Colour image10th August, 2012. Image shows Dee Adams, the proud mother of Olympic Gold Medallist (2012), Nicola Adams, as she gives a formerly red pillar box in Cookridge Street a lick of gold paint. The two pillar boxes, adjacent to the art gallery, are being given the gold treatment in honour of Nicola's outstanding achievement. She won through to the woman's flyweight 51 kg final at the London 2012 Olympic Games where she beat Ren Cancan from China, 16-7. Nicola Adams, who is from Burmantofts, was the first woman boxer to represent England when she was only 18. She went on to win a European Boxing Medal in 2007 and since 2009 has received sponsorship from the International Olympic Committee. Royal Mail has honoured each Team GB Gold Medallist with a gold pillar box in their home town. It has also issued special stamps to commemorate the success of each Gold Medal winner. Born in Burmantofts, Leeds, in 1982, she came out to her family as bisexual as a teenager and went on to top the Independent on Sunday’s ‘Pink List’ in 2012. Photograph by Ian Nipper.
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Dock Green Inn, Ashley Road (Harehills) (2 comments)
Black & White imagec1976-81. View shows the Dock Green public house at the corner of Ashley Road (left) and Stanley Road (right), so called because the premises were formerly the local police station (Dixon of Dock Green was a 1960s TV police drama). Women-only discos organised by local lesbians were held at the Dock Green Inn, Harehills, throughout the 1980s. At their peak, they took place every other Wednesday from 8.30 to 11.00 p.m., alternating with similar nights at the Woodpecker Inn in Burmantofts. At the Dock Green, amateur DJs brought their own records to play on the pub’s sound system in a hired room on the first floor, with customers using a side entrance to bypass the main bar and go straight upstairs, where the staff were all female. Despite the segregation, the events saw no trouble; neither were they attended exclusively by lesbians, being popular with feminist groups and members of organisations such as the Miners’ Wives, whom lesbians had publicly supported. Link to full story with transcript on WYQS: https://wyqs.co.uk/stories/dungarees-and-docs/jo-full-interview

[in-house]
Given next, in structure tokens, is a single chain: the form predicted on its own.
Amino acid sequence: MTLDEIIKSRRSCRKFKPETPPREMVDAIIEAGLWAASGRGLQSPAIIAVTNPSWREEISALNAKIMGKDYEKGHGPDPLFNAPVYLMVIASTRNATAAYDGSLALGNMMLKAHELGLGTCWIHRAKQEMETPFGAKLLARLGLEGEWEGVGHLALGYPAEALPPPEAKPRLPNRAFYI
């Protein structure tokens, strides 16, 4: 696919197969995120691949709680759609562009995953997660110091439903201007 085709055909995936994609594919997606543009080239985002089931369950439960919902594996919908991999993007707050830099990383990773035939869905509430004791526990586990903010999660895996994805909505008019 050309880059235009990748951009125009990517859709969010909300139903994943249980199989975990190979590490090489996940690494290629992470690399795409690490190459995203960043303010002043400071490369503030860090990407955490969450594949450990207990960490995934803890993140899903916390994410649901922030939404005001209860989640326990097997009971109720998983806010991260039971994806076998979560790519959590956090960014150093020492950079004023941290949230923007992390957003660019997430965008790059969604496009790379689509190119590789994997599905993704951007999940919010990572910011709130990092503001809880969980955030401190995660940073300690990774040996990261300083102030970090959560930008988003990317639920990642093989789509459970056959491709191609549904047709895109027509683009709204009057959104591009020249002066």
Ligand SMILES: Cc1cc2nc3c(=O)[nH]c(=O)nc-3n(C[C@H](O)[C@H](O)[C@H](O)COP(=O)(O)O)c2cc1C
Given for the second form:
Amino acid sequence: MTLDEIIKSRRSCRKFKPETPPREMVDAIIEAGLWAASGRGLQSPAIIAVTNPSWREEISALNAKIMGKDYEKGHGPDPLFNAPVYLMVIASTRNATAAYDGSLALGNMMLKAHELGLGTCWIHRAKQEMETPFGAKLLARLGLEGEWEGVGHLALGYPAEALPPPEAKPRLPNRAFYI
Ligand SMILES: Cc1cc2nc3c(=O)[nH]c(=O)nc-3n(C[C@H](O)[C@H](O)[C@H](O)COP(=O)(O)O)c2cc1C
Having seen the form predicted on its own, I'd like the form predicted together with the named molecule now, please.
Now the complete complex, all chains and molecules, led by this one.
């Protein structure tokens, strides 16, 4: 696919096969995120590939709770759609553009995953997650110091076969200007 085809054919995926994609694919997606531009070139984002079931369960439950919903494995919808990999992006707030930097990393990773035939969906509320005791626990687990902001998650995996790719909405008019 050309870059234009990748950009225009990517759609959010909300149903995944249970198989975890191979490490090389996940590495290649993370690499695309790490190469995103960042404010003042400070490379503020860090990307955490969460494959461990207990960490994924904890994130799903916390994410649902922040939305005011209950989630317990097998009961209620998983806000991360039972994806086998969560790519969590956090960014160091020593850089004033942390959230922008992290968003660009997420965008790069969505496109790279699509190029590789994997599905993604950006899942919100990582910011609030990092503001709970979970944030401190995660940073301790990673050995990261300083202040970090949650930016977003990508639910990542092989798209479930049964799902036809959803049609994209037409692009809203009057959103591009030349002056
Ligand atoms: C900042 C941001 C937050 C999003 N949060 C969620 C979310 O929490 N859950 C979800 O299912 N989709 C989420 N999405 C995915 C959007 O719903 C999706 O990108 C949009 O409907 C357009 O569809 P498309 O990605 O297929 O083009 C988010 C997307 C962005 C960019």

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Headrow, Guildford Hotel (City Centre) (5 comments)
Black & White imageUndated. The Guildford Hotel was built in 1900 and was originally situated at number 6 Guildford Street, hence the name. Guildford Street became part of The Headrow after road widening took place in the 1930s. The pub later became known as Oxygen and was noted as the first non-smoking bar in Leeds city centre, before the tobacco ban came into place. It is now (2013) the Northern Monkey. On the left edge is the entrance to Green Dragon Yard. On 15th March 1974 it hosted a reception and coffee evening for attendees of the UK’s first national conference on trans issues, ‘Transvestism and Transsexualism in Modern Society’. Delegates and guests socialised at the hotel from 7.30 to 10.30 p.m. in a safe and friendly atmosphere, while some were also interviewed by the Yorkshire Post. The conference itself was held at the University of Leeds over the following two days, and included lectures, workshops, films and a disco, largely aimed at an audience of trans women. Link to full story with transcript on WYQS: https://wyqs.co.uk/stories/the-uks-first-national-trans-conference
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Leeds Pride 2019 (City Centre)
Colour image4th August 2019. This photograph, taken from the main stage of Leeds Pride on 4th August 2019, shows event organiser, Ali, in front of a Lower Briggate packed with revellers. The first Leeds Pride took place on 6th August 2006, when 300 people met on the steps of the Civic Hall before marching along the Headrow with rainbow flags. Since then, the event has grown into a day-long festival attracting over 40,000 people each year, including a parade made up of hundreds of different LGBT+ groups, from community associations to local company staff. Their route begins around Millennium Square and leads down to The Calls, where the bars around Lower Briggate then become the focal point for music and celebration. (Photograph by Geoff Brokate.) Link to full story with transcript on WYQS: https://wyqs.co.uk/stories/leeds-pride/full-interview